Value test with a Bonferroni correction factor. Cats were ranked 1-20 by highest to lowest
acceptable scores averaged across all four FTP tests then ranked 1-20 by lowest to highest
questionable scores averaged across all four FTP tests. These two ranks were then averaged to
create an overall rank based on FTP responses. A cluster analysis was performed (SAS Institute,
Cary, NC) by cat on average scores from all four FTPs for each response to assess the validity of
grouping cats by FTP scores.
A Spearman rank correlation was used to assess each of the following relationships: acceptable
scores on pre-adoption FTPs with positive responses to a familiar caretaker, questionable FTP
scores with negative responses to caretakers, acceptable scores on pre-adoption FTPs with
average percent of time spent in proximity to unfamiliar men or women in the open field test,
questionable scores on pre-adoption FTPs with average time spent in the corners or at the door in
the open field test, and the average number of cell crossings made in all open field tests with
acceptable or questionable pre-adoption FTP scores.
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Circadian cortisol rhythms were square root transformed to meet the assumptions of normality
then analyzed using a mixed general linear model (proc mixed) with repeated measures (SAS
Institute, Cary, NC) with day and time of sample as independent factors and cat as a random
effect. Least squares means of cortisol levels were compared and adjusted using the Tukey-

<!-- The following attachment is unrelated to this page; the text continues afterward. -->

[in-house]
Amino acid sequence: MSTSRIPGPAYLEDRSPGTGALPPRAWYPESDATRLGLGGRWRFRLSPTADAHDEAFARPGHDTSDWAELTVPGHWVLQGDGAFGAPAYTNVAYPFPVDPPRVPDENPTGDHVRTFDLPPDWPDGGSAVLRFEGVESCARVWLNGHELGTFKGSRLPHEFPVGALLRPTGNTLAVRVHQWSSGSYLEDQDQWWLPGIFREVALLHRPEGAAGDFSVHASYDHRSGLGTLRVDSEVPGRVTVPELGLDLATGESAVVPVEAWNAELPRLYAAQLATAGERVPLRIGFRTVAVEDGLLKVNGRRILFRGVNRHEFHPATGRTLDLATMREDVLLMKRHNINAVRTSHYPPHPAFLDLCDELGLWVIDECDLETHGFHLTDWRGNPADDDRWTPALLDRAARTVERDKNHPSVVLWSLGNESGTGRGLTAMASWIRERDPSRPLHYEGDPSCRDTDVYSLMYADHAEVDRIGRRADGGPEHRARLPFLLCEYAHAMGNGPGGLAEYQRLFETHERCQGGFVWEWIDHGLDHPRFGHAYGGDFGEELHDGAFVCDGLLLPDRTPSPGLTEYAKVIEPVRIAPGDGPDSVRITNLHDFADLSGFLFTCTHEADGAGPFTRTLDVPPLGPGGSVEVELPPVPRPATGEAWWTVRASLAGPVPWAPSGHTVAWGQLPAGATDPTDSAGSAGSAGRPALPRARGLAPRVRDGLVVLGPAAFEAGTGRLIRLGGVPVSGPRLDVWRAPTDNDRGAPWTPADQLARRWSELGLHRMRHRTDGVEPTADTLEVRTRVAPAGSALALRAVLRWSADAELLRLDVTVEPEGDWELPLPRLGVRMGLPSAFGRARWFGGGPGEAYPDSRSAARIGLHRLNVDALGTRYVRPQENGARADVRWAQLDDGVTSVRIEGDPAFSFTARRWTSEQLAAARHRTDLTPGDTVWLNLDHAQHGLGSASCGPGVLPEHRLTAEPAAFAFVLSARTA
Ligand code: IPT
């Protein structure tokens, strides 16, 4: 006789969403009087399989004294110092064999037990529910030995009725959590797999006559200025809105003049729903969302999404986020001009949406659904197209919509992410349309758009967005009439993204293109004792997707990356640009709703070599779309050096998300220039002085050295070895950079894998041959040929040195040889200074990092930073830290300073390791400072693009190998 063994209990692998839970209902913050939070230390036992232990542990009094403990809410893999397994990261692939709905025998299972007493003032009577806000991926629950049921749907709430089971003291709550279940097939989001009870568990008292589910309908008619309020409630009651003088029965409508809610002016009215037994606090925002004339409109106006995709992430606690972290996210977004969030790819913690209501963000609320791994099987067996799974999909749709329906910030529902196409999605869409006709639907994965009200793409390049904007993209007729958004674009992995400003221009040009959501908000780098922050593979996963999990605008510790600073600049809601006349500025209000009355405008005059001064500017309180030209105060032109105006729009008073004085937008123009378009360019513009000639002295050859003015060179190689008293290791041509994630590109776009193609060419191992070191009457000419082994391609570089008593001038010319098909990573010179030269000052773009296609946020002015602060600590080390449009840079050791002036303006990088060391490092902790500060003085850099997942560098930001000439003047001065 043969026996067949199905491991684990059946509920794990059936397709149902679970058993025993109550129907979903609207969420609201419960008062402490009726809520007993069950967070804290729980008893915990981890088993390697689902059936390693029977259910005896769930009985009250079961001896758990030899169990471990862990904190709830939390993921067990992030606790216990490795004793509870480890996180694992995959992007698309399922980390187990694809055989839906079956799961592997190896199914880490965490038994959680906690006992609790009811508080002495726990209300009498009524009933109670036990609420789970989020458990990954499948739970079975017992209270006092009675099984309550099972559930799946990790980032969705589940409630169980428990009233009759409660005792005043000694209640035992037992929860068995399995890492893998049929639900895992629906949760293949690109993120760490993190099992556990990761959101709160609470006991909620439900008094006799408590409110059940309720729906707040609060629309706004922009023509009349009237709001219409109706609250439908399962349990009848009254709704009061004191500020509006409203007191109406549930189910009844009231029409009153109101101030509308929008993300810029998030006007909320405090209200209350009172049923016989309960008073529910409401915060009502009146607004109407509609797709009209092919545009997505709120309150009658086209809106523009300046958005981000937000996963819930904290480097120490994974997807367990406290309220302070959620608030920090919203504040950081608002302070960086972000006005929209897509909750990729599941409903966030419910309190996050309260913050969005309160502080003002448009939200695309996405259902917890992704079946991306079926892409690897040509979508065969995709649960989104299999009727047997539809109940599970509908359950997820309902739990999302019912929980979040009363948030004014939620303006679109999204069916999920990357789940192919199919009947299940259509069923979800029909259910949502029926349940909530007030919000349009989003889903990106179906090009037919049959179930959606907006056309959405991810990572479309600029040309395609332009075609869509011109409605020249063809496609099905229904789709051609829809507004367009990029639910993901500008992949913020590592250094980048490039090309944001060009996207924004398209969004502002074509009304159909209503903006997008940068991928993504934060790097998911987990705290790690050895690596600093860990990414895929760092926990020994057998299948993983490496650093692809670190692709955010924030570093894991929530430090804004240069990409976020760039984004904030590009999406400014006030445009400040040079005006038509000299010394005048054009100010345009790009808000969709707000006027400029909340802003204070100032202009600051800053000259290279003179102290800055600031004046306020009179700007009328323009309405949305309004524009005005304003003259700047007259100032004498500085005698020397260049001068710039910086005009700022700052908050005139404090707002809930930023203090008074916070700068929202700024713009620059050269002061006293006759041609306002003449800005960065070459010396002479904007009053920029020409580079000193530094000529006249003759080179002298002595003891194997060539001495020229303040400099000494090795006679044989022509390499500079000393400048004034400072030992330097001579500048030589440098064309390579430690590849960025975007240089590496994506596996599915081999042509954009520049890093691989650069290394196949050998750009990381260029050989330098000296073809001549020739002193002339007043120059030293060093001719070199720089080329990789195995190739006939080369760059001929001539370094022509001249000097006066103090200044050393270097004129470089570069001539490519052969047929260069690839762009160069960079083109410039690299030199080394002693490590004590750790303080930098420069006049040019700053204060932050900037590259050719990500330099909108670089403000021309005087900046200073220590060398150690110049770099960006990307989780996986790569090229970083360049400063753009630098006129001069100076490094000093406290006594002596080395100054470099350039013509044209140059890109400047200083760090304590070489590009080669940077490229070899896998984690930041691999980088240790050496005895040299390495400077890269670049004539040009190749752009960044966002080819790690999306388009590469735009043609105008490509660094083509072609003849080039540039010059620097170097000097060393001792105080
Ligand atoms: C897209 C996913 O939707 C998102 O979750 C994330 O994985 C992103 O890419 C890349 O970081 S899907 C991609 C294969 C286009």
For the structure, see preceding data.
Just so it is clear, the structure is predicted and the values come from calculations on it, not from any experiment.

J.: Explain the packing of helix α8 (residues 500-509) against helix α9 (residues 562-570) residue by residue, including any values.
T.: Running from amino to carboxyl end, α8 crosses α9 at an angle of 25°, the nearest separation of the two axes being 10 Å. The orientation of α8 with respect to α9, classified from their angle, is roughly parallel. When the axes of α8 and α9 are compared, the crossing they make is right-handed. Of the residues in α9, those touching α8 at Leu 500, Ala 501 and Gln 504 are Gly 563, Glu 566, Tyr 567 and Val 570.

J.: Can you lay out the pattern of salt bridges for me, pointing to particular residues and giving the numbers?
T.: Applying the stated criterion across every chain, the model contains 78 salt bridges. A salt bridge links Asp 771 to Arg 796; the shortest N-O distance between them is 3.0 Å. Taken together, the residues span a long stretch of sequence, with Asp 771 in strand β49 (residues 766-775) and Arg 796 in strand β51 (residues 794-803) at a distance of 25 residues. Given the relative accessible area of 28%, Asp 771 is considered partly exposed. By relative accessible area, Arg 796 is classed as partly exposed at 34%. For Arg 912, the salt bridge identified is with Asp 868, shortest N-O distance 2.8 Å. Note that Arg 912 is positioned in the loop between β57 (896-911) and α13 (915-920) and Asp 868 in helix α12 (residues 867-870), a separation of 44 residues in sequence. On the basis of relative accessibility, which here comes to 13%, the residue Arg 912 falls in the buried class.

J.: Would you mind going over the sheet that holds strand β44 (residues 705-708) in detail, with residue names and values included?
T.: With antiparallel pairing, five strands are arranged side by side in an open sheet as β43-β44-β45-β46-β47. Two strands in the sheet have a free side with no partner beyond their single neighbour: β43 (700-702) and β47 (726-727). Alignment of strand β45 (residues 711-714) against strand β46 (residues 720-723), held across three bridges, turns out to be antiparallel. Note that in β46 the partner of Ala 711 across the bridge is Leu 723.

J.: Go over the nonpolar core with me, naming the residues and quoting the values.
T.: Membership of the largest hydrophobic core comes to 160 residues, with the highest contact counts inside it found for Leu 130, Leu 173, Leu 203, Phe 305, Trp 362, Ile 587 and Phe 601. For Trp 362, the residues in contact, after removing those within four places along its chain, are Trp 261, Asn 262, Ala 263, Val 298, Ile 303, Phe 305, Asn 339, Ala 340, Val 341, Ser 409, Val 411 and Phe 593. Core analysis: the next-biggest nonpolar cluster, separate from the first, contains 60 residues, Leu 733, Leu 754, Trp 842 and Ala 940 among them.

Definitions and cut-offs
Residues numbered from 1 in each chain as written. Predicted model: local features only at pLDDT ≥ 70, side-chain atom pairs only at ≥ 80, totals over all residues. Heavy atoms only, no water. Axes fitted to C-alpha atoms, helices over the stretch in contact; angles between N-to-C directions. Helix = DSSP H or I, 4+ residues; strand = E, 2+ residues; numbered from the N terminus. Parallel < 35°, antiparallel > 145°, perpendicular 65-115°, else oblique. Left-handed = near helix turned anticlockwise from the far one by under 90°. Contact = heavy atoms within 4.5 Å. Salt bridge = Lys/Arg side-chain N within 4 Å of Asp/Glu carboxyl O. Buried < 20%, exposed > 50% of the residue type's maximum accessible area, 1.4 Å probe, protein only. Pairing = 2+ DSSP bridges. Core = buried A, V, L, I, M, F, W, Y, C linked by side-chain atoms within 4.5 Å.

Kramer method to control for Type-I error rate. Results following transformation were similar to
those obtained using non-transformed data in a similar analysis; therefore results from the
transformed analysis are reported in the text. Basal cortisol levels were compared between cats
using a Kruskal-Wallis one-way ANOVA to determine if significant differences existed between
cats. A Kruskal-Wallis Multiple-Comparison Z-Value test with a Bonferroni correction factor
was then used to determine which cats had differing basal cortisol levels. Correlations between
scores on the pre-adoption FTPs and basal cortisol levels were analyzed using Spearman rank
correlation. Correlations between basal cortisol levels and groups of cats that resulted from FTP
ranking were analyzed using a one-way ANOVA.
For all analyses, an alpha of less than 0.05 was considered significant. All data are given as mean
± standard error of the mean (SEM). Unless otherwise mentioned analyses were performed using
NCSS (Number Cruncher Statistical Systems, Kaysville, UT).
Results
Behavioral Measures and Correlations between Measures
Average acceptable scores on the all FTP were negatively correlated with average questionable
scores on the test (Figure 1; n = 20, rho = -0.85, P < 0.001). Comparison of acceptable scores
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received on all FTPs revealed significant differences in scores between cats (Table 2; F19,60 =
5.95, P < 0.001). No difference in questionable scores was observed between cats, likely due to
the generally low scores received in this category (Table 2; n = 19, χ2 = 25.08, P = 0.16).
However, several cats stand out as having higher questionable scores compared to their peers;
while several others have lower scores (Table 2). Ranking of cats (Table 2) was based on an
average of ranking received for acceptable scores (higher rank for larger acceptable scores) and
ranking received for questionable scores (lower rank for larger questionable scores). Cluster
analysis revealed the lowest ranked cats were clearly separated from other cats and some